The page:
Ancestral Roofs

"In Praise of Older Buildings"

Wednesday, November 19, 2014

Too young to care...

Alwington 1954 (Panoramio)

To young to care...1959 and a building rich in history and architectural significance disappears from my life, before I even knew it. Reading Kingston history the past couple of days, and browsing images, I have fallen in love with the story - and the architecture - of Alwington House. Alwington stood on important King Street west, just a bit east of the penitentiary.
Alwington 1954 (Panoramio)
 The venerable Margaret Angus in The Old Stones of Kingston explains that Alwington's importance lay in the fact that "it was perhaps the most important single dwelling in Kingston and because its story belongs not to Kingston alone but to the whole country."

Alwington was Government House, built in 1834 for Charles William Grant, and leased to the government in 1841. Alwington was the most important house in the new country, in the years from 1841 (the year of union of Upper and Lower Canada) until 1844, while Kingston was the capital city and Lord Sydenham, Governor General, resided there. "Much of the basic structure of Canadian government was mapped out [here]" continues Angus.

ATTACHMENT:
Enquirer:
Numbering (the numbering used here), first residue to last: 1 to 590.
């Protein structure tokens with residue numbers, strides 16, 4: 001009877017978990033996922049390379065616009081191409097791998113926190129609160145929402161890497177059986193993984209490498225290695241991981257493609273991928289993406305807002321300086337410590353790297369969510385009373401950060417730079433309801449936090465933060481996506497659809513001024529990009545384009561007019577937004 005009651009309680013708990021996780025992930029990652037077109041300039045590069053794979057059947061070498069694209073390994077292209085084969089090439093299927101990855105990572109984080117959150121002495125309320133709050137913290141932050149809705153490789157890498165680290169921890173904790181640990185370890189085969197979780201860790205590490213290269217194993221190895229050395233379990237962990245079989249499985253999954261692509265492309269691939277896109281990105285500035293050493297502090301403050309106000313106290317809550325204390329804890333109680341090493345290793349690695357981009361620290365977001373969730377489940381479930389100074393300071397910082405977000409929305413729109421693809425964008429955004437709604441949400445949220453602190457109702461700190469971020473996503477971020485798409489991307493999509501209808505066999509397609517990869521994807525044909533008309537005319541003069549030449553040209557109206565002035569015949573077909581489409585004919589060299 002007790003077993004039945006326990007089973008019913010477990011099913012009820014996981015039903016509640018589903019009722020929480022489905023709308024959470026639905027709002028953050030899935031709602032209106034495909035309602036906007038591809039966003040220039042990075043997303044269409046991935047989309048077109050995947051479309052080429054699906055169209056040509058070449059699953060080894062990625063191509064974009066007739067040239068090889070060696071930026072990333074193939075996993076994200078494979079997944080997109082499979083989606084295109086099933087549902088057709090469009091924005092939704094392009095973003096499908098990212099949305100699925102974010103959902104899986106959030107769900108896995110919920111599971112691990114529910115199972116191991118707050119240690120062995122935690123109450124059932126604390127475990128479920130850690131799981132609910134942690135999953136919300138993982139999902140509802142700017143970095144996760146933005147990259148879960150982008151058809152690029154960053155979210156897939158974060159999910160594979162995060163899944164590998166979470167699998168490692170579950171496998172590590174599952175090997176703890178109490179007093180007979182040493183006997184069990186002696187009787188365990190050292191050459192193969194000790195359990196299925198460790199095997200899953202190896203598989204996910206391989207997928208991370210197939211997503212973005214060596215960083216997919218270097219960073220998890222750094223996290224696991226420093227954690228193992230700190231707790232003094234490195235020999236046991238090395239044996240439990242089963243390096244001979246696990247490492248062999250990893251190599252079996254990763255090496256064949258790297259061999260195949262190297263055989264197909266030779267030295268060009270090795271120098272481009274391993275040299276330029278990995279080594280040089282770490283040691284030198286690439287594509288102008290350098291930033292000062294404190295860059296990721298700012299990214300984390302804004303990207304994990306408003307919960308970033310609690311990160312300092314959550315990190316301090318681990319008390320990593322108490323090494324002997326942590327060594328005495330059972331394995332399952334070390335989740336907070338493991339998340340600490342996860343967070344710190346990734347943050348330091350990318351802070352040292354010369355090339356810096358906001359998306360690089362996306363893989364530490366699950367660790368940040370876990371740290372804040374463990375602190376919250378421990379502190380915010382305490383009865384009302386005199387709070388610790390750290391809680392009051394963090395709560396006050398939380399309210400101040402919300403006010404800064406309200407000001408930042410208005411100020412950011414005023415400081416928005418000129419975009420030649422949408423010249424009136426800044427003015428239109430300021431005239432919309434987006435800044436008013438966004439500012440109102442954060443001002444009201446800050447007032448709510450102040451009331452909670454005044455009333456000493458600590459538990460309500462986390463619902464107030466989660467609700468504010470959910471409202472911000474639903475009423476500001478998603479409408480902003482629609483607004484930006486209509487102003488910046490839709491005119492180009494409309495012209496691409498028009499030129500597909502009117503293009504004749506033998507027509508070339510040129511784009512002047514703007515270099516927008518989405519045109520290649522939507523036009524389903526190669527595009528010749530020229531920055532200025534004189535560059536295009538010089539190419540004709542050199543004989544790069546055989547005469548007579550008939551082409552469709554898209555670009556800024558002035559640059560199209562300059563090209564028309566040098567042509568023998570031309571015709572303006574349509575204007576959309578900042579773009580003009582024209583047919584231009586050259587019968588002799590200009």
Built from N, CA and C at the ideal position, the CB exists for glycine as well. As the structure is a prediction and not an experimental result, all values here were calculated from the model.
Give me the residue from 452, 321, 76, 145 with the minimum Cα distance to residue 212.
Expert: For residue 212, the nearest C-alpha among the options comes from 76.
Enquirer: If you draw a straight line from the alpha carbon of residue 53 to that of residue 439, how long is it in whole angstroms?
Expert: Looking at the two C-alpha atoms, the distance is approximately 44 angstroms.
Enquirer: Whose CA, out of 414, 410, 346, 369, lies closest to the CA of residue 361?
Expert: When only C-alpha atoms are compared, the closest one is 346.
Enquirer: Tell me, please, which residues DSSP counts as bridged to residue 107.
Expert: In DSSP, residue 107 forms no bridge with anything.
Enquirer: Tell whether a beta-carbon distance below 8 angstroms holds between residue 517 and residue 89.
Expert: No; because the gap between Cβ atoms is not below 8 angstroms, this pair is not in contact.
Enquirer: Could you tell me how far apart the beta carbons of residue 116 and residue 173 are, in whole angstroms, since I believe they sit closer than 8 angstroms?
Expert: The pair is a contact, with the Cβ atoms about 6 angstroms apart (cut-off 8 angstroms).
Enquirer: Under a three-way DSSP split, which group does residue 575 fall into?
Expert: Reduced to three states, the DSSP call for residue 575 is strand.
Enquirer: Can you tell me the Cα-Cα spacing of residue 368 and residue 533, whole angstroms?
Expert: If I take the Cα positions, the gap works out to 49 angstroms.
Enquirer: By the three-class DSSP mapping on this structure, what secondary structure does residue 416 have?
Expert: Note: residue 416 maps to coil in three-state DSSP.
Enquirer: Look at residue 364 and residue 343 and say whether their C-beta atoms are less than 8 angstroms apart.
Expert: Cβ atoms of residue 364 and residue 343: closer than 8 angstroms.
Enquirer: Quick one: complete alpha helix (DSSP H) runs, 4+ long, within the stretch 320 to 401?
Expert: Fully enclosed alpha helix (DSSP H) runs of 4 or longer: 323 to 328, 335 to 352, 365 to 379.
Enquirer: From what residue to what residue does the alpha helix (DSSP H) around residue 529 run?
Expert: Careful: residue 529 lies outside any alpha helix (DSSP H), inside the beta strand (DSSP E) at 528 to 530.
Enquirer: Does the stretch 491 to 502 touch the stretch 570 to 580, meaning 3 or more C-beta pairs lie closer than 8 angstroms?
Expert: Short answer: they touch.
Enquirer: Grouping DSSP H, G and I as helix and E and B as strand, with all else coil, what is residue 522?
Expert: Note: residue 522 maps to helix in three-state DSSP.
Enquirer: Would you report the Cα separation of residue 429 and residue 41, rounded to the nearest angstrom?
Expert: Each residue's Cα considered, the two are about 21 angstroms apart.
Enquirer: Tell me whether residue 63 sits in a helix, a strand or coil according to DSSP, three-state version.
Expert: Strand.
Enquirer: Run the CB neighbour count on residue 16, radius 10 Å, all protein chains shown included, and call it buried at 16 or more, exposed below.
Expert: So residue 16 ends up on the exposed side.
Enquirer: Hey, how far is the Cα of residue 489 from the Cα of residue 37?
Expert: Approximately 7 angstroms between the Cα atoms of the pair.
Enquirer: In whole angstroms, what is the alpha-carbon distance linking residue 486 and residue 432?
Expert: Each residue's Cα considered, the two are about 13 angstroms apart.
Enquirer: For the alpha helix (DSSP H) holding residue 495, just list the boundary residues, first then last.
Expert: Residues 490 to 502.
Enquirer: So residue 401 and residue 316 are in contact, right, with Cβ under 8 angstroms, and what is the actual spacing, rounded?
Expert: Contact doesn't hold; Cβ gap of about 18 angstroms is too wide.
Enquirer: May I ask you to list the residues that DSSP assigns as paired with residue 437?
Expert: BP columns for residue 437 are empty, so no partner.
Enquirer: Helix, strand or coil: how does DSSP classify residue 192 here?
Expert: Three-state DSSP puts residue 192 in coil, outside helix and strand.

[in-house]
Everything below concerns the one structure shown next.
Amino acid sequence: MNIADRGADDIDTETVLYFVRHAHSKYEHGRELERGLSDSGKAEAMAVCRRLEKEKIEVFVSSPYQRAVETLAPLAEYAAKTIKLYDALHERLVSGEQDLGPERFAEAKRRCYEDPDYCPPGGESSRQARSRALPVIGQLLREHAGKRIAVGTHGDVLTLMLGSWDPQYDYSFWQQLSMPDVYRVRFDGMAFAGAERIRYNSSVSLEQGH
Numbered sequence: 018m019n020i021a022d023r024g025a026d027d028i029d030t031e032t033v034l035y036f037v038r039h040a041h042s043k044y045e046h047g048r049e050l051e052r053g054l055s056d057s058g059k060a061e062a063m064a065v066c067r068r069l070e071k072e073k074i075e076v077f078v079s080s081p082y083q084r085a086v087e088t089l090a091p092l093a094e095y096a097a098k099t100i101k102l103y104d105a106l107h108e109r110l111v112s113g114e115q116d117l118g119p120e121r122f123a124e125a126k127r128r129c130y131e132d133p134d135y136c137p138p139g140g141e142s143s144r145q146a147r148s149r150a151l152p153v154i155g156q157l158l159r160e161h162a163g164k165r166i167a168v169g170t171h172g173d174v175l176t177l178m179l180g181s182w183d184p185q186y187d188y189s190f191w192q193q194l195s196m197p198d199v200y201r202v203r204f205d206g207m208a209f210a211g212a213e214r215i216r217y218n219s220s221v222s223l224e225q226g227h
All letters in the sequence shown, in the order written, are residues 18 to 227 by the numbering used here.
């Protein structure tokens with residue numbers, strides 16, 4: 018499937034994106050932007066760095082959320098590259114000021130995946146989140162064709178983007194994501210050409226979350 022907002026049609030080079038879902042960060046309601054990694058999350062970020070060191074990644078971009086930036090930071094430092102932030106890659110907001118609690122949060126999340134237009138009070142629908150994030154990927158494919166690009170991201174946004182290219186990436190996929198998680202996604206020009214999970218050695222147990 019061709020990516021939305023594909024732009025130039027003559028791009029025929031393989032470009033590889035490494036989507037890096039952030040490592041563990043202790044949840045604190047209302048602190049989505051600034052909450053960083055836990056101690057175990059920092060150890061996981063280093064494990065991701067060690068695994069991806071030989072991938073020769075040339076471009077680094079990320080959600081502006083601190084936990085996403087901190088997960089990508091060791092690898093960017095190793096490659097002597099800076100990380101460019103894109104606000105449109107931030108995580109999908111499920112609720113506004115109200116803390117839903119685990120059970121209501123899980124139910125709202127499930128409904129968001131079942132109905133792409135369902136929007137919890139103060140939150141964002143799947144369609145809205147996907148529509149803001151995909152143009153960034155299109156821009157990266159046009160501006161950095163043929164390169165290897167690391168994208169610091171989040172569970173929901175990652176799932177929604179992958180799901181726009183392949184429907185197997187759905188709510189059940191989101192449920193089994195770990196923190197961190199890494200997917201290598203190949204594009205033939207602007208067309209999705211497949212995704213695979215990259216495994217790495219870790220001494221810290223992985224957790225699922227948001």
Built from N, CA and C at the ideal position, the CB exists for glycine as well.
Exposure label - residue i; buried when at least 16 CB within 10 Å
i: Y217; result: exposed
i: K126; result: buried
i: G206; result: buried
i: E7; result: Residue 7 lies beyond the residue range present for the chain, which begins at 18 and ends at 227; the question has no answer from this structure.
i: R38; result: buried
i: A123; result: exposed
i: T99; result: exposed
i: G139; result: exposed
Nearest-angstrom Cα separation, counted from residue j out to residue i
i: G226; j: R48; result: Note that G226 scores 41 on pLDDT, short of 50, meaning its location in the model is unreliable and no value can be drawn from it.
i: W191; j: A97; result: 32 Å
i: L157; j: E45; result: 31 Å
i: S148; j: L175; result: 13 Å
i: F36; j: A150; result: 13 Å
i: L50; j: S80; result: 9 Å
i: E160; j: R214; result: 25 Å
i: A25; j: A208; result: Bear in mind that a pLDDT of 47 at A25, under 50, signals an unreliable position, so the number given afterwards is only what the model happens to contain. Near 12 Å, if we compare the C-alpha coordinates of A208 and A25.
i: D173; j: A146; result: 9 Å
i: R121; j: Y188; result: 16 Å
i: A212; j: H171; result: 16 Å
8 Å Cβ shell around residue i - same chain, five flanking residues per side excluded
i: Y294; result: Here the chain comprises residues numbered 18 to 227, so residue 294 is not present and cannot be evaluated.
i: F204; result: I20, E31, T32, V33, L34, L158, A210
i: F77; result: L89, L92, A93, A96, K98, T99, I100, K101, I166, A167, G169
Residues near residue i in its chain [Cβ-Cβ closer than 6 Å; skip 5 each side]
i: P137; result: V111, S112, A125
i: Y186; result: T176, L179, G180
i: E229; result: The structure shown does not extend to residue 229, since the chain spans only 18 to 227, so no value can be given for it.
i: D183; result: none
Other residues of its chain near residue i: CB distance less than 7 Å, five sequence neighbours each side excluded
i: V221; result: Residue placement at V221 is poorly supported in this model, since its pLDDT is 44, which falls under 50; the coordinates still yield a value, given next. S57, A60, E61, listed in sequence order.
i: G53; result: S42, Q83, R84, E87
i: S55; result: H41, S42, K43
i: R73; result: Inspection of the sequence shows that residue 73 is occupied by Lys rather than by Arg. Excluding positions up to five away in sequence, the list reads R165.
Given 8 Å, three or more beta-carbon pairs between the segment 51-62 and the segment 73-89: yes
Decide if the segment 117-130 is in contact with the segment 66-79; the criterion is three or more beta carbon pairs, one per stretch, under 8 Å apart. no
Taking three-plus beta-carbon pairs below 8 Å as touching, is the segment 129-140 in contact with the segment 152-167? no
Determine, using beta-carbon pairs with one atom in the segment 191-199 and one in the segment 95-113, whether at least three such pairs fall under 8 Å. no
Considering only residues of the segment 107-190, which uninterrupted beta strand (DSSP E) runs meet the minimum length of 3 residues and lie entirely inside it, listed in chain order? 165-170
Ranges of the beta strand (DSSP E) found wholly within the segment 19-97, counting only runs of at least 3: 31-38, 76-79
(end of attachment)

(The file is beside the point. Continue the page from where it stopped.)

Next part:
Alwington - Street side - 1954 (Panoramio)

Lord Sydenham died of gangrene, after a fall from his horse, said to have been startled by a pile of building rubble outside Hale's Cottages, in September 1841. Kingston died as capital in 1844, when the seat of government for the newly united country moved to Montreal.

I have posted some photos found in online searches. I admit to being reluctant to do so; although ownership/copyright is said to be a factor, most of these photos are well over fifty years old, and as such I believe they are public domain. I attempted to contact one of the sites with no success.
Government Alwington House 1832

So, this is Alwington. Lost when I was 12, and hadn't travelled as far as Kingston yet.

Today, an enclave of pretty boring suburban homes lays claim to the property. The only dignify left (imho) is the look out to the lake - but even that is exclusive - private property. Look but don't touch.

Willowbank, Niagara on the Lake (1834)

I can only console myself with the memories of high style Classic Revival structures which I have been able to visit, wander about, and fall in love with.
Victoria College, Cobourg (1832)

Barnum House, Grafton (1817)

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